The Match That Wasn’t A Match [commentary about Messi 'no-show' in Hong Kong]

2024-02-09 15:59     Comment:3


 Commentary by Hans-Georg Moeller*

      A famous painting by René Magritte shows a pipe. Below it, the artist wrote (in French): “This is not a pipe.” The painting is from 1929 and titled “The Treachery of Images.” Of course, Magritte was right: the pipe on the painting is not a real pipe, just a treacherous image. Half a century later, the French philosopher Jean Baudrillard coined the term “simulacrum” for a copy without original. Magritte’s pipe and Baudrillard’s simulacrum express the same idea: the modern world is full of images and events that are virtual—they are a pure show, replacing or obscuring real reality. To illustrate this point, Baudrillard wrote a short book on the war against Iraq in 1991, titled The Gulf War Didn’t Take Place. The main point of the book was that the Gulf War was conducted as a media spectacle for global audiences by the US military. It bombed and defeated Iraq while almost completely avoiding real battles and casualties on its side.
On February 4, a football event with the US-American team Inter Miami and a selection of Hong Kong players was staged in Hong Kong Stadium in front of a sold-out audience of 40,000. It was a match that wasn’t (supposed to be) a match. Real football matches are either part of a competition, or preparations for a competition. Fans commonly come to these matches to support their club and to see who wins. In pre-season matches, fans come to see newly acquired players or aspiring youngsters who may make the squad in the upcoming season.
The recent Hong Kong match was a different affair. Here nothing was at stake from a sports perspective: Most people didn’t come to see their team, and they didn’t care who won. They only came to see a single super star: Lionel Messi. And they were willing to pay high-ticket prices far exceeding those for competitive or pre-season matches in Hong Kong. When Messi didn’t play, apparently due to injury, the audience was upset.
Given the nature of the match as a pure “exhibition match,” as these kinds of events are also called, the anger of the audience is understandable: Clearly, they had paid a lot of money precisely for being part of a simulacrum. When, however, the match was played as a pre-season match and a star player who wasn’t 100% fit didn’t play in order not to risk injury, the audience felt cheated. They had approached the event as a “da ka” show—a Chinese term for going to a “must visit” hotspot or a “must see” event hyped in (social) media, usually with the intention to take photos and to post them on their WeChat, Instagram, or similar accounts. When Messi didn’t play, pictures could not be taken and posted, and people couldn’t adorn their profiles with them.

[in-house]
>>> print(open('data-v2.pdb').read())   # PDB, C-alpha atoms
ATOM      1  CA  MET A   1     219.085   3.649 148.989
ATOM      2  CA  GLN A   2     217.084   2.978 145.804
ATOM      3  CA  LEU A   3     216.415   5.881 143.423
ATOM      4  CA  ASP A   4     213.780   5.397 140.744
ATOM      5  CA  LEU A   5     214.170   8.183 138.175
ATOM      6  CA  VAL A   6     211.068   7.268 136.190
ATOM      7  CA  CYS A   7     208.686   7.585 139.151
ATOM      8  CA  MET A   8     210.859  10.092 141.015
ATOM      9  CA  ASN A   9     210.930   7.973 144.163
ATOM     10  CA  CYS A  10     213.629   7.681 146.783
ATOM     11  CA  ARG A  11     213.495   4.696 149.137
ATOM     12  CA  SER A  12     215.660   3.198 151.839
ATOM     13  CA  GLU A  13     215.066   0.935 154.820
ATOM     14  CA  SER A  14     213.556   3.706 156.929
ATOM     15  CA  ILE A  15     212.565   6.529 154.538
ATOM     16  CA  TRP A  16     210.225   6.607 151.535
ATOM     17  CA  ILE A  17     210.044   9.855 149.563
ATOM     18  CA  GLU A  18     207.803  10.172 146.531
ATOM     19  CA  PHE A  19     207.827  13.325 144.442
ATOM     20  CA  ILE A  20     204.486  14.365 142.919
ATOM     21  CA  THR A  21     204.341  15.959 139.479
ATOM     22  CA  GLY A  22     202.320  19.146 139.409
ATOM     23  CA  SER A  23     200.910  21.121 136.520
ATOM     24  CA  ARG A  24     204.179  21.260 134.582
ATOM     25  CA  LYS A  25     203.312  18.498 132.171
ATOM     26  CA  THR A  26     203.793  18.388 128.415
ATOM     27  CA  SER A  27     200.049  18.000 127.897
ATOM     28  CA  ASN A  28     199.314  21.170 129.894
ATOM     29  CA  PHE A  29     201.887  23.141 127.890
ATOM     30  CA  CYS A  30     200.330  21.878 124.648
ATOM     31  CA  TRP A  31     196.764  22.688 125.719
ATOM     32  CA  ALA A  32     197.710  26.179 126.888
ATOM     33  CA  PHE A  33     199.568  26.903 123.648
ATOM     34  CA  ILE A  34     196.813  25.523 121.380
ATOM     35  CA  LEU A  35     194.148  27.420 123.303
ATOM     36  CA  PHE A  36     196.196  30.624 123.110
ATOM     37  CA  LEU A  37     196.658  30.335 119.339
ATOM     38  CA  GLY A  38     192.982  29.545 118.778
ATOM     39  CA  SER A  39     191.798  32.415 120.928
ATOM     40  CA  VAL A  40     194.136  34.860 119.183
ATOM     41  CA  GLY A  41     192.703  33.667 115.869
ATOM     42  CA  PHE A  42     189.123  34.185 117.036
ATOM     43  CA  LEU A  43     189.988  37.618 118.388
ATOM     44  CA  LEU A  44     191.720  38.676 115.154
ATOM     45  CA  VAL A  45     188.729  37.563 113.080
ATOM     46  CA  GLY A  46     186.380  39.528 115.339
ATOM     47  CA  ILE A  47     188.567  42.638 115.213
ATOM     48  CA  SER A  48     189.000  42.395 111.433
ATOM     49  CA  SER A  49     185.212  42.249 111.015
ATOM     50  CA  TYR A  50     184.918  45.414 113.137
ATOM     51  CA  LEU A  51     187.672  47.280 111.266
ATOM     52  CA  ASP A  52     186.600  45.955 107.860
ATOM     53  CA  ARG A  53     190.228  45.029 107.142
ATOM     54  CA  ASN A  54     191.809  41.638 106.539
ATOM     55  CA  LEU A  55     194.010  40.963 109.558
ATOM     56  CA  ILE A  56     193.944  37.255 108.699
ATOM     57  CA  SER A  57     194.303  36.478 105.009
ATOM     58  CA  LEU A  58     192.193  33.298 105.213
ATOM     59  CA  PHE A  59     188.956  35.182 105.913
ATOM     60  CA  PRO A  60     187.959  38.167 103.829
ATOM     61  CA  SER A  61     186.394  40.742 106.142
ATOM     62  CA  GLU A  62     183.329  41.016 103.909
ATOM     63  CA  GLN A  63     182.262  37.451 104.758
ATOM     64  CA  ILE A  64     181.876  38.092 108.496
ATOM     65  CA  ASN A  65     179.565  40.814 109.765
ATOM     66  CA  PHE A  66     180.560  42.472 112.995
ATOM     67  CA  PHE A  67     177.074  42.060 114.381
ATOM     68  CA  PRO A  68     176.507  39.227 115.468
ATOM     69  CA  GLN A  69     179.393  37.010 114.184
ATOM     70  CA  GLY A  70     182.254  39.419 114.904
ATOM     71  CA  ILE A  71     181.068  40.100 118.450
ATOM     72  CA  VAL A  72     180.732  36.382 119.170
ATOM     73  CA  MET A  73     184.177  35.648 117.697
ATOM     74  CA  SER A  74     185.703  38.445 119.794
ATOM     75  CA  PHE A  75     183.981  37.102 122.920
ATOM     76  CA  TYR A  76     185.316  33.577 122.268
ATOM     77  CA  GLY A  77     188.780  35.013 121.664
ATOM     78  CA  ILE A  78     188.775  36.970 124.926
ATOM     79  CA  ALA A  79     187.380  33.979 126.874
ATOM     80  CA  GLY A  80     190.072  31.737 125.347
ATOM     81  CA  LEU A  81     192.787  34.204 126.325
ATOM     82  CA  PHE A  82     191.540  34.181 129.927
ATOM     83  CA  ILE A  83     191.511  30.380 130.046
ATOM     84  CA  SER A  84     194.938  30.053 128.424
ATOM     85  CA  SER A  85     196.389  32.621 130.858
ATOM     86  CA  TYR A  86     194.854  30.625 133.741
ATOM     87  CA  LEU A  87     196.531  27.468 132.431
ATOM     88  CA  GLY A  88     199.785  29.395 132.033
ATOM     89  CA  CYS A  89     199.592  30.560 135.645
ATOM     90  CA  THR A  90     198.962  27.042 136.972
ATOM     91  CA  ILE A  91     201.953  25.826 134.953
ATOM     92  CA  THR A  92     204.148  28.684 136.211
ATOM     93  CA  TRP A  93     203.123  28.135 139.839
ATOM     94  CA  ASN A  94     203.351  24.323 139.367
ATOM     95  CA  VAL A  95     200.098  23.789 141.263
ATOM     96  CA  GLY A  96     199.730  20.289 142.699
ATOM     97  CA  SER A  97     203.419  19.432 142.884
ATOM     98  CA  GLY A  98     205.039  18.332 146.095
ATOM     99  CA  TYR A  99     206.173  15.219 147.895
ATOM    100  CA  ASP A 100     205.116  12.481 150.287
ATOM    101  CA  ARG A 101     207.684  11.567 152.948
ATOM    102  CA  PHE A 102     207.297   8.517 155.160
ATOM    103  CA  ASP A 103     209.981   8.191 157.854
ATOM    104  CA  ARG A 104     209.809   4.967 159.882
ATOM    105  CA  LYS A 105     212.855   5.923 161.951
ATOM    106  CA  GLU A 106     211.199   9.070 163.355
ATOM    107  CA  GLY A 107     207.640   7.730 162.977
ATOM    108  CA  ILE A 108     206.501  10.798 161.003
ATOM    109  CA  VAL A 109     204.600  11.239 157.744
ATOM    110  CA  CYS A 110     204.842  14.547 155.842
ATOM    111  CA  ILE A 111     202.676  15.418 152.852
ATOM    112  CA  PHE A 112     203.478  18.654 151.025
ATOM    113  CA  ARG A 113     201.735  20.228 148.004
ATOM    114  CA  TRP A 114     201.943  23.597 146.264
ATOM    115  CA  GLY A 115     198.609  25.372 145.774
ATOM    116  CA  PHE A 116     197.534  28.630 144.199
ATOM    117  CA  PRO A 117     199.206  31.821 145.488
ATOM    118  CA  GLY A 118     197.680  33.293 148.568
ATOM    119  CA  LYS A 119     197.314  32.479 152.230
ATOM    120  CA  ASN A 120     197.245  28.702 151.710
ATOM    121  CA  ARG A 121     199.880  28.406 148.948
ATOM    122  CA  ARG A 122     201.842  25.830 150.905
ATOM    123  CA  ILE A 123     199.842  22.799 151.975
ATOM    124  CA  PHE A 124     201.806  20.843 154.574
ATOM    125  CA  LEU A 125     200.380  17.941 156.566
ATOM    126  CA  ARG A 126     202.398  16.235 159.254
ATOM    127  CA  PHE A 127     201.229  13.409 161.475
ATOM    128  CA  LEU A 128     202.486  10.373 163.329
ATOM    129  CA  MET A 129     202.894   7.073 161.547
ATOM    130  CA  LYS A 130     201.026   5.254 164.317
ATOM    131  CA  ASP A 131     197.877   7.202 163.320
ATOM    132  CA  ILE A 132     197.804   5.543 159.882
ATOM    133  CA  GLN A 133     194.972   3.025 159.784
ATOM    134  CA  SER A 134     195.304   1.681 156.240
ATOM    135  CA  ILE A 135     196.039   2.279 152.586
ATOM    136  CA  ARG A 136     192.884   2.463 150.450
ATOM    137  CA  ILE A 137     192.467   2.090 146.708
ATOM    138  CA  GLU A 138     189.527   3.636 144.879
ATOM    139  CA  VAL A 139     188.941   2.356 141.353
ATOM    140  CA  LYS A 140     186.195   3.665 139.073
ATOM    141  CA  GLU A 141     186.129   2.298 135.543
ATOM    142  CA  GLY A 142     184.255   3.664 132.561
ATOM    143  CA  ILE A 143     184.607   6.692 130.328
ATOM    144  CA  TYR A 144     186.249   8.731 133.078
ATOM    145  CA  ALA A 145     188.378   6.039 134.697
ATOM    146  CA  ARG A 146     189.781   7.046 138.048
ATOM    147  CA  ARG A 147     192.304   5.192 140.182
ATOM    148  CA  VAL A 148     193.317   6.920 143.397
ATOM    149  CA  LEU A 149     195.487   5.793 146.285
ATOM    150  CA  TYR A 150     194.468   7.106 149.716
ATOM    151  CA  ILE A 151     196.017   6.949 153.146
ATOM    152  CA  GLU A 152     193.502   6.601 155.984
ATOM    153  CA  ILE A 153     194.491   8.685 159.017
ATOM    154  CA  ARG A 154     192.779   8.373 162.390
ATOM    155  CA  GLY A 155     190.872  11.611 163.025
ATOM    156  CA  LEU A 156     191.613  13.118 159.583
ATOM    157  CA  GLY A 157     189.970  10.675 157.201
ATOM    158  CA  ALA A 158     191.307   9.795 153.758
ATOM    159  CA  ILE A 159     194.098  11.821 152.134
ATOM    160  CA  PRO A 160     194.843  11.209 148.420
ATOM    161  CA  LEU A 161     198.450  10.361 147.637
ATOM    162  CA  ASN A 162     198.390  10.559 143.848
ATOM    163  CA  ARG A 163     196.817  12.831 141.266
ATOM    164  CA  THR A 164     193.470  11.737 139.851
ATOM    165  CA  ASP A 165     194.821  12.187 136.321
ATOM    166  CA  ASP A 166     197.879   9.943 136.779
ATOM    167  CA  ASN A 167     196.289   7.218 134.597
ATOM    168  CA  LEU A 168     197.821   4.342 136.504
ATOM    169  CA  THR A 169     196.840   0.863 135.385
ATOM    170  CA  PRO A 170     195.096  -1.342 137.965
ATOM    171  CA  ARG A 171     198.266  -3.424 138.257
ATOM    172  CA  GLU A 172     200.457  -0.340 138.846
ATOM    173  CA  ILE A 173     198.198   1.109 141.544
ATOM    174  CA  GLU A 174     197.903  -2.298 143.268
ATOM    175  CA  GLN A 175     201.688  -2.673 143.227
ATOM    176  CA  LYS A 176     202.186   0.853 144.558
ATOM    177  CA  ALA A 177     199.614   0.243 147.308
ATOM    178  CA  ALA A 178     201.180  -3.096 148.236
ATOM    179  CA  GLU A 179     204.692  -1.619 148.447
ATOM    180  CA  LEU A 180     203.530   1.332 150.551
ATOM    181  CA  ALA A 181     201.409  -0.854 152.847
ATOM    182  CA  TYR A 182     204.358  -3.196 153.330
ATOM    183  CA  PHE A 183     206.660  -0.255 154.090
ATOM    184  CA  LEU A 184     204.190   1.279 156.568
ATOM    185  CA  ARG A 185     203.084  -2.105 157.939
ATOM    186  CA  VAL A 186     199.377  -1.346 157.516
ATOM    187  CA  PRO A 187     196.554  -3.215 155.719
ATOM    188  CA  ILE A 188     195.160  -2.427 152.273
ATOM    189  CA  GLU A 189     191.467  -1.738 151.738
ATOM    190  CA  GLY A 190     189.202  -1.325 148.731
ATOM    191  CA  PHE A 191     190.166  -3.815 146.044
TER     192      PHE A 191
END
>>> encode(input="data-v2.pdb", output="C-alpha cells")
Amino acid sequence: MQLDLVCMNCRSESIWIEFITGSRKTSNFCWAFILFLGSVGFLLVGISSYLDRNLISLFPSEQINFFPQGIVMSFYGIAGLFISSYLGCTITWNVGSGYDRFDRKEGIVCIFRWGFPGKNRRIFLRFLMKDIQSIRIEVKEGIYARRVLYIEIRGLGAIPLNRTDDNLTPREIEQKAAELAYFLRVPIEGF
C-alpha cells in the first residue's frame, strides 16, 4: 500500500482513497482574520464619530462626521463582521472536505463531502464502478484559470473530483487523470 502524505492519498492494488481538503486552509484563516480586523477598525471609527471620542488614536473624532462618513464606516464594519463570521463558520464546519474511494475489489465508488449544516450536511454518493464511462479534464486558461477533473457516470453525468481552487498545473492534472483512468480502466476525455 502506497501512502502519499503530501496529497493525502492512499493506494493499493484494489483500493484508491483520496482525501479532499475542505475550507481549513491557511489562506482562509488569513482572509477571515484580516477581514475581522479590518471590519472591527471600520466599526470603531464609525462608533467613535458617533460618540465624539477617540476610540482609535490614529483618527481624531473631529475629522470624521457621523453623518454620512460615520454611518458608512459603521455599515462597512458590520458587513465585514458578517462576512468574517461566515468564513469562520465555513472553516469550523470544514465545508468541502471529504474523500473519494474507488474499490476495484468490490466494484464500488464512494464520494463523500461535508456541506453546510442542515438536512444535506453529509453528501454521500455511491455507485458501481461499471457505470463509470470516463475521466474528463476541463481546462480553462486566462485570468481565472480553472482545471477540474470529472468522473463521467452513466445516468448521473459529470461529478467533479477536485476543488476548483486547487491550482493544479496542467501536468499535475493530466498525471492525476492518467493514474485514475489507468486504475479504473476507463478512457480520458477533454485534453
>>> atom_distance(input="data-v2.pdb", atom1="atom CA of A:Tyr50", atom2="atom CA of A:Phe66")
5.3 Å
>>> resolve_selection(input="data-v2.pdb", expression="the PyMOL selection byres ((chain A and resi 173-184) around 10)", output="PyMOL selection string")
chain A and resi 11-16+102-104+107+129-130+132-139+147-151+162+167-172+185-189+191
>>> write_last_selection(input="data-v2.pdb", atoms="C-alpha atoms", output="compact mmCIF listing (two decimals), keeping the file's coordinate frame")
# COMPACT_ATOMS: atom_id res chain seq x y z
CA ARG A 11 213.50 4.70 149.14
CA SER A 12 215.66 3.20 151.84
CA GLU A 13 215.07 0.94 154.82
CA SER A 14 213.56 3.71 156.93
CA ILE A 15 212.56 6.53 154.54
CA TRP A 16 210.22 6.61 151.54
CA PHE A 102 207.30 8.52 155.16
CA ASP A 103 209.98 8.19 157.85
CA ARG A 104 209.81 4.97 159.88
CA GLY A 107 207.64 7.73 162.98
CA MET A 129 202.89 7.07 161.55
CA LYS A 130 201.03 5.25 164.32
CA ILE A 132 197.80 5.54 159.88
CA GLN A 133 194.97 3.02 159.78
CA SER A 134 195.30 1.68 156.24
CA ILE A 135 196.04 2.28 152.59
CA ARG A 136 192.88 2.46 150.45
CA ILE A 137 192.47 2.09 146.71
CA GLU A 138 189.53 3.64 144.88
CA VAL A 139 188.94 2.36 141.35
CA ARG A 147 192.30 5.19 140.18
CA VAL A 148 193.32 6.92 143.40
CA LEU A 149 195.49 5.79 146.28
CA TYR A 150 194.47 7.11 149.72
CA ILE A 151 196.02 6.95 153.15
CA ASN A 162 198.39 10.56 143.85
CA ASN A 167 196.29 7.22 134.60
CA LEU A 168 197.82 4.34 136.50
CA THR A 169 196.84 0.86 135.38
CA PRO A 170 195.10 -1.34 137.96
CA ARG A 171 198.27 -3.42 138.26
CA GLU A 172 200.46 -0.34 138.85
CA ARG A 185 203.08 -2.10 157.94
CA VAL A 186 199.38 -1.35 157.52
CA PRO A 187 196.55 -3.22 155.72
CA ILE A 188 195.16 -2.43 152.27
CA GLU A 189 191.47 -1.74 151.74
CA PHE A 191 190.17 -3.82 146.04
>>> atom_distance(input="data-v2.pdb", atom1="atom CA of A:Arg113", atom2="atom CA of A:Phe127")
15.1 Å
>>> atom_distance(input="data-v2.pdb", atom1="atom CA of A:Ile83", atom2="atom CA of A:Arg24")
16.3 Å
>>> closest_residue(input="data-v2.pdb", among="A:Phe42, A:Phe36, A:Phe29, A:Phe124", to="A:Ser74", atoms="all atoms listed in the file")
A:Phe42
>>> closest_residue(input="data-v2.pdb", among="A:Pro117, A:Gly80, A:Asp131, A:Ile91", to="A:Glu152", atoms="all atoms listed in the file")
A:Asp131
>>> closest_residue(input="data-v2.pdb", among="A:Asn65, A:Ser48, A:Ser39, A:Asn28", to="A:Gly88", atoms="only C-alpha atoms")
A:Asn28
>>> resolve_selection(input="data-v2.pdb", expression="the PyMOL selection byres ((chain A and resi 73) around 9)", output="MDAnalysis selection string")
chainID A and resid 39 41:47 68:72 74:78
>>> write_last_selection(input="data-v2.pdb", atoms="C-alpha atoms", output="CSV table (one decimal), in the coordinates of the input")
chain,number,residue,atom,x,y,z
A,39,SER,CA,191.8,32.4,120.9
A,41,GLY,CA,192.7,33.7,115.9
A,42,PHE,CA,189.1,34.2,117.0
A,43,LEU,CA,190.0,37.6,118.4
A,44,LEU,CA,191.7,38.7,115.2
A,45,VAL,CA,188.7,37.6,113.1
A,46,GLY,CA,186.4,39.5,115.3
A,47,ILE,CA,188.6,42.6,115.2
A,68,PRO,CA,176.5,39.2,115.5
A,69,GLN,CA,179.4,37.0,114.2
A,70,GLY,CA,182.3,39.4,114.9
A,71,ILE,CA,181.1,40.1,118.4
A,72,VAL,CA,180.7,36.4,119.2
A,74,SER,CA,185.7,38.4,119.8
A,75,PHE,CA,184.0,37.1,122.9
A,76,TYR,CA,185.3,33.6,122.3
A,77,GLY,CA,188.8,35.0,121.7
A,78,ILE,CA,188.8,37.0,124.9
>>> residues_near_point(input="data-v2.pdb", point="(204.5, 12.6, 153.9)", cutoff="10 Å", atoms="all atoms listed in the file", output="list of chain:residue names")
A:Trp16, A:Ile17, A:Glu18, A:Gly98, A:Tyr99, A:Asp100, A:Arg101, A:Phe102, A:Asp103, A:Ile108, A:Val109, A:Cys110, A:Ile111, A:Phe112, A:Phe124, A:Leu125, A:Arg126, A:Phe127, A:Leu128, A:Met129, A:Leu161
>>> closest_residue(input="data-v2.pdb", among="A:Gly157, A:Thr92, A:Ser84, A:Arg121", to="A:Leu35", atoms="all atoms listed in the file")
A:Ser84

Media reporting on the event commonly referred to the audience as “fans.” This is a misleading term. Just as the match was not (supposed to be) a match, the fans were not fans—they were simulations of fans. They did not expect to see a real match in the first place—as real fans in a stadium do—and not even a “copy” of a real match, as the football fans who watch the same match on TV. What is more, people didn’t even come to see the real Messi. If so, they wouldn’t have been upset, because the real Messi had actually been there, plain to see for everyone. They had come to see Messi acting as a simulacrum of himself, performing as a show player in a simulated match.
The story of the fans who aren’t fans paying for being at a match that isn’t a match featuring Messi who isn’t Messi is representative of our times. It illustrates the transition from an “age of authenticity,” as the philosopher Charles Tayler called it, to an “age of profilicity"--an age where people are preoccupied with curating their profiles. In this day and age, a simulated football event can have much more value, attract much more people, and generate much more media attention than a real football match.

* Professor of Philosophy at the Department of Philosophy and Religious Studies at the University of Macau (UM)

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  • visitors2024022316:542024-02-23 16:54

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